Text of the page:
Distal Renal Tubular Acidosis

Distal Renal Tubular Acidosis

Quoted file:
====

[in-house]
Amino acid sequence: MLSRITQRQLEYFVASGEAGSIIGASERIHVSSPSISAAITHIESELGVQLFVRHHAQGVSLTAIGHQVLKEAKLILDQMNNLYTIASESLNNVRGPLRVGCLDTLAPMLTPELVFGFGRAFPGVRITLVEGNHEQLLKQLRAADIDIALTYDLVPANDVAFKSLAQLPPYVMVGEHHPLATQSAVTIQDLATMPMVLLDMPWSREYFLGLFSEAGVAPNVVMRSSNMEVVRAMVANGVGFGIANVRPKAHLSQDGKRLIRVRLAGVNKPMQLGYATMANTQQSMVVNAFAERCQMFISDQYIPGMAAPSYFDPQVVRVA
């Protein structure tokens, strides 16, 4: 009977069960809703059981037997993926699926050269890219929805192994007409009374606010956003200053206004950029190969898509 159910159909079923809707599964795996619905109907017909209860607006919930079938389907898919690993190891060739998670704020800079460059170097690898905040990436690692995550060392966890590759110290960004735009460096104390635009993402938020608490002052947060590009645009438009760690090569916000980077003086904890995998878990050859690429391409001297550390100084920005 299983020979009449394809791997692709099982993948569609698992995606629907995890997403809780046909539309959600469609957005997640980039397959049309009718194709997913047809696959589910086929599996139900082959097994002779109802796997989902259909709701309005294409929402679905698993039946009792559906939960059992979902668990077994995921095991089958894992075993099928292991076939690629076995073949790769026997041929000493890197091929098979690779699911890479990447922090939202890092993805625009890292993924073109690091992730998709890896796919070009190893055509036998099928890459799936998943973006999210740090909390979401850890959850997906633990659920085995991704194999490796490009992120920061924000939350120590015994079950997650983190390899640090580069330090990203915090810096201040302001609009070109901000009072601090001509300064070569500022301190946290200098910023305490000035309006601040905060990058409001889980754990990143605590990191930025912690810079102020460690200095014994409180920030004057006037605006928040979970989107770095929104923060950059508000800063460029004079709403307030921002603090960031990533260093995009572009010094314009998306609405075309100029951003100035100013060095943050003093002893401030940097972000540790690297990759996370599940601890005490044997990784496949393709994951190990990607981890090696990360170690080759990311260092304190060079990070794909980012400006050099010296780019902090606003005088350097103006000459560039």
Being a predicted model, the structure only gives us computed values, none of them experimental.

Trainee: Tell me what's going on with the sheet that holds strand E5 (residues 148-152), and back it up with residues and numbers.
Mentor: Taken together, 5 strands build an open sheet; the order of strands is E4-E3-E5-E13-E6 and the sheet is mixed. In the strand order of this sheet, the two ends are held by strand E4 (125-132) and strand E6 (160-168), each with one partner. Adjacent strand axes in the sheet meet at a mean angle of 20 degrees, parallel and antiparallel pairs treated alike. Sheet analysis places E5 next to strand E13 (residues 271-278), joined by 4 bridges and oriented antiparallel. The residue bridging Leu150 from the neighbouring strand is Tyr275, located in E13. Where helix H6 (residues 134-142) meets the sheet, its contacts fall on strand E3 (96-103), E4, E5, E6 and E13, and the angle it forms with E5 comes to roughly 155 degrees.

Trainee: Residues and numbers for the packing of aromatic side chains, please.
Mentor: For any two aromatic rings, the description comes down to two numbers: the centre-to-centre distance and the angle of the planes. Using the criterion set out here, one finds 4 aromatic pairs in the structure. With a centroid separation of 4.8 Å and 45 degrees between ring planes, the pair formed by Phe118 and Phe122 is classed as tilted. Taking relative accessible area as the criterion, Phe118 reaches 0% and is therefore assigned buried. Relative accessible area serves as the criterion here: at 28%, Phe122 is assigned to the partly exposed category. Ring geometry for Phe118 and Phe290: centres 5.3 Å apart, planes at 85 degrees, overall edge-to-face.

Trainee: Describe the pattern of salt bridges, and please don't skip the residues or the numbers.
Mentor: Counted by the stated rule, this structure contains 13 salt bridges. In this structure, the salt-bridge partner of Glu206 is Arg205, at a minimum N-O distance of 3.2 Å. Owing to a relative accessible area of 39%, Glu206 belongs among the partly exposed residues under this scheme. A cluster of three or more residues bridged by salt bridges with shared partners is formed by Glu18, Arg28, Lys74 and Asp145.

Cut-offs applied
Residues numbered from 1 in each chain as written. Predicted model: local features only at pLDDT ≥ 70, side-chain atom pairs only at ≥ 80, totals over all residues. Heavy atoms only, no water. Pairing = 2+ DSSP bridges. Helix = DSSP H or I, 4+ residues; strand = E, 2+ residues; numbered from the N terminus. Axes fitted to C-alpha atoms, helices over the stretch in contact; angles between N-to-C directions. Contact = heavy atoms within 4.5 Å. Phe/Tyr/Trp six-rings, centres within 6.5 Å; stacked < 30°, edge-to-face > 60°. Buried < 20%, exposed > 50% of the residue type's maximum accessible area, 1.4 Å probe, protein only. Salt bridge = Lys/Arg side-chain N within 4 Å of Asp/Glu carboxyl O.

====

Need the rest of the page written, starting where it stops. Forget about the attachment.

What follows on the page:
Distal renal tubular acidosis (dRTA) or Type 1 renal tubular acidosis (RTA) is the classical form of RTA, being the first described. Distal RTA is characterized by a failure of acid secretion by the alpha intercalated cells of the cortical collecting duct of the distal nephron . This failure of acid secretion may be due to a number of causes, and it leads to an inability to acidify the urine to a pH of less than 5.3. Radiograph of a rickets sufferer, a complication of both distal and proximal RTA. Because renal excretion is the primary means of eliminating acid from the body, there is consequently a tendency towards acidemia . This leads to the clinical features of dRTA: [1] Urinary stone formation (related to alkaline urine, hypercalciuria , and low urinary citrate). [2] Nephrocalcinosis (deposition of calcium in the substance of the kidney) Bone demineralisation (causing rickets in children and osteomalacia in adults) The symptoms and sequelae of dRTA are variable and range from being completely asymptomatic , to loin pain and hematuria from kidney stones , to failure to thrive and severe rickets in childhood forms as well as possible renal failure and even death. dRTA commonly leads to sodium loss and volume contraction, which causes a compensatory increase in blood levels of aldosterone . [3] Aldosterone causes increased resorption of sodium and loss of potassium in the collecting duct of the kidney, so these increased aldosterone levels cause the hypokalemia which is a common symptom of dRTA. [3] The pH of patient's blood is highly variable, and acidemia is not necessarily characteristic of sufferers of dRTA at any given time. One may have dRTA caused by alpha intercalated cell failure without necessarily being acidemic; termed incomplete dRTA, which is characteri Continue reading >>